The new study from Cone Communications found that consumers are willing to pay more for a brand that has a clear policy on sustainability or providing social impact.
“Consumers are more concerned than ever about the impact their purchases have on the environment and the communities in which they live,”
— Kim Jackson, vice president of global brand strategy at Cone Communications.
The Cone study shows that when brands are transparent about their policies and share their sustainability stories, they can build trust and drive sales.” The survey of more than 2,000 U.S. consumers found that more than half (52 percent) of consumers are willing to pay more for a brand that has a clear policy on sustainability or providing social impact. Consumers are also willing to pay more for a brand that is transparent about its sustainability efforts, such as sharing information about the impact its products have on the environment.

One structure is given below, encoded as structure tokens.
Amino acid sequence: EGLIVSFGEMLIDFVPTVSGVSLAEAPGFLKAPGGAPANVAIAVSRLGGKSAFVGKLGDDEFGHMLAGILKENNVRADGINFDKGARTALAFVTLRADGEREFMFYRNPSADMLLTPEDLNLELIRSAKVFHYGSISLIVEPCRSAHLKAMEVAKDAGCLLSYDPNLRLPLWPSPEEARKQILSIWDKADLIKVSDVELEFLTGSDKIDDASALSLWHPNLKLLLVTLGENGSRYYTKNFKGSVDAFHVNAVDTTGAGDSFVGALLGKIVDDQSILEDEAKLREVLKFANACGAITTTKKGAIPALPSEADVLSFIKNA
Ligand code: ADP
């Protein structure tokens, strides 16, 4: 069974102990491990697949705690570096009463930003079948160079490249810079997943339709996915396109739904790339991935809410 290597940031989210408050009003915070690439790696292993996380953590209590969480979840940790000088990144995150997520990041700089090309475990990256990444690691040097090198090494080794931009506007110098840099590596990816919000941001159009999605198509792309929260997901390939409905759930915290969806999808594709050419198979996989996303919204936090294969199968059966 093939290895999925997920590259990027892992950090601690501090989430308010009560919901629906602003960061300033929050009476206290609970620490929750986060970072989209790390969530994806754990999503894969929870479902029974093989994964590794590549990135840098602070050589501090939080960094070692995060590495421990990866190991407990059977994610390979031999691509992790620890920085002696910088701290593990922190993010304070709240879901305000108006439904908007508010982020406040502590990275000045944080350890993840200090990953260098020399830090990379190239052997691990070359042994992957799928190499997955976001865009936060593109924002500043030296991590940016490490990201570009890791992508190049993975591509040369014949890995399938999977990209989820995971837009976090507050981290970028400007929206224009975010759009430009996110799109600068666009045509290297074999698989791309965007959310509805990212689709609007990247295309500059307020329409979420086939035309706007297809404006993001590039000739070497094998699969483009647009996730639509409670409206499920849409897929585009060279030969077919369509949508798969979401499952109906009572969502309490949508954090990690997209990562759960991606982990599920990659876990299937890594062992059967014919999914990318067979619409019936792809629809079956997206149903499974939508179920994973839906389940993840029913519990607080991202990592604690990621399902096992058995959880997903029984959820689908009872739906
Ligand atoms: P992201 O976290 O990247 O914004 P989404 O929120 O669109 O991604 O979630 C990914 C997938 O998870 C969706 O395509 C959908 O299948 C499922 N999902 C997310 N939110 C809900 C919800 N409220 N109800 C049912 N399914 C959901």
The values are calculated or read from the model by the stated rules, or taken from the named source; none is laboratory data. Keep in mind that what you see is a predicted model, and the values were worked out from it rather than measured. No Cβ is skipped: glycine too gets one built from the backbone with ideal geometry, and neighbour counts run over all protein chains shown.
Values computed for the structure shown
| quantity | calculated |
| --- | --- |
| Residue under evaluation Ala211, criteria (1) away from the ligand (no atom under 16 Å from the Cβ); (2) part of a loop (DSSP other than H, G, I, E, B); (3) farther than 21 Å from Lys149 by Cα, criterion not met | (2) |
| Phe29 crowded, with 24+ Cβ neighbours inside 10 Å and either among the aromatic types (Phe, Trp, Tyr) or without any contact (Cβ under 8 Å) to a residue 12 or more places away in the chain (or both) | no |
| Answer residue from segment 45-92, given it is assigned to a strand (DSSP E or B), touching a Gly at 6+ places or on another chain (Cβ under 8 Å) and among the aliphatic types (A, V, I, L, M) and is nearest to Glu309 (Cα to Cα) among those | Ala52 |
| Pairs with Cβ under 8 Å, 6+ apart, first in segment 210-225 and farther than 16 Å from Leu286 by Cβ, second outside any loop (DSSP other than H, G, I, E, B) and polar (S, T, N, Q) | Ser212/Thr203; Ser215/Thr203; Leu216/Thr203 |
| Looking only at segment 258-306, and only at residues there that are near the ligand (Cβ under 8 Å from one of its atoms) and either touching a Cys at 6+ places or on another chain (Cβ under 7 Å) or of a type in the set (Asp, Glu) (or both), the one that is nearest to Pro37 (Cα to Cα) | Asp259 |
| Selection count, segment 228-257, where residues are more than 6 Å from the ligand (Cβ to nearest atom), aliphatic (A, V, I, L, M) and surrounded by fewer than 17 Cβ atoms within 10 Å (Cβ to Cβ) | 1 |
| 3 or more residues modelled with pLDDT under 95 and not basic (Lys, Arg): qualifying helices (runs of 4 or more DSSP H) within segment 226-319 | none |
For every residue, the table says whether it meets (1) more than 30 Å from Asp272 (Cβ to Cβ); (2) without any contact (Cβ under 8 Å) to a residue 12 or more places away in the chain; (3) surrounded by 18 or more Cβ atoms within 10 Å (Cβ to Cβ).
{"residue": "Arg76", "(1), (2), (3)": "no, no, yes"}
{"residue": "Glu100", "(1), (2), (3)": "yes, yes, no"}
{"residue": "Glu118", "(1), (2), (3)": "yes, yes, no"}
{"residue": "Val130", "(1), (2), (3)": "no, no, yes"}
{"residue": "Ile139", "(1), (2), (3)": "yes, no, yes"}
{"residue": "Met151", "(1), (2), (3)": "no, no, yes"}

But what about companies that don’t have a clear policy on sustainability or social impact? Caldwell from Forester says that brands are going to have to be more transparent about the environmental and social impact if want to see success and growth.
Sustainability vs social impact programs.
It is important to understand that sustainability and social impact programs are not the same things. They are two different things that can be linked to each other, but they are not the same thing.
A sustainability program is an approach to reduce a company’s environmental impact and the use of resources. Often measured as ESG’s (Environmental, social, and governance) criteria, a group of standards used by socially conscious investors to screen investments. It is the act of minimizing the negative impacts that a company has on the environment and the people in it.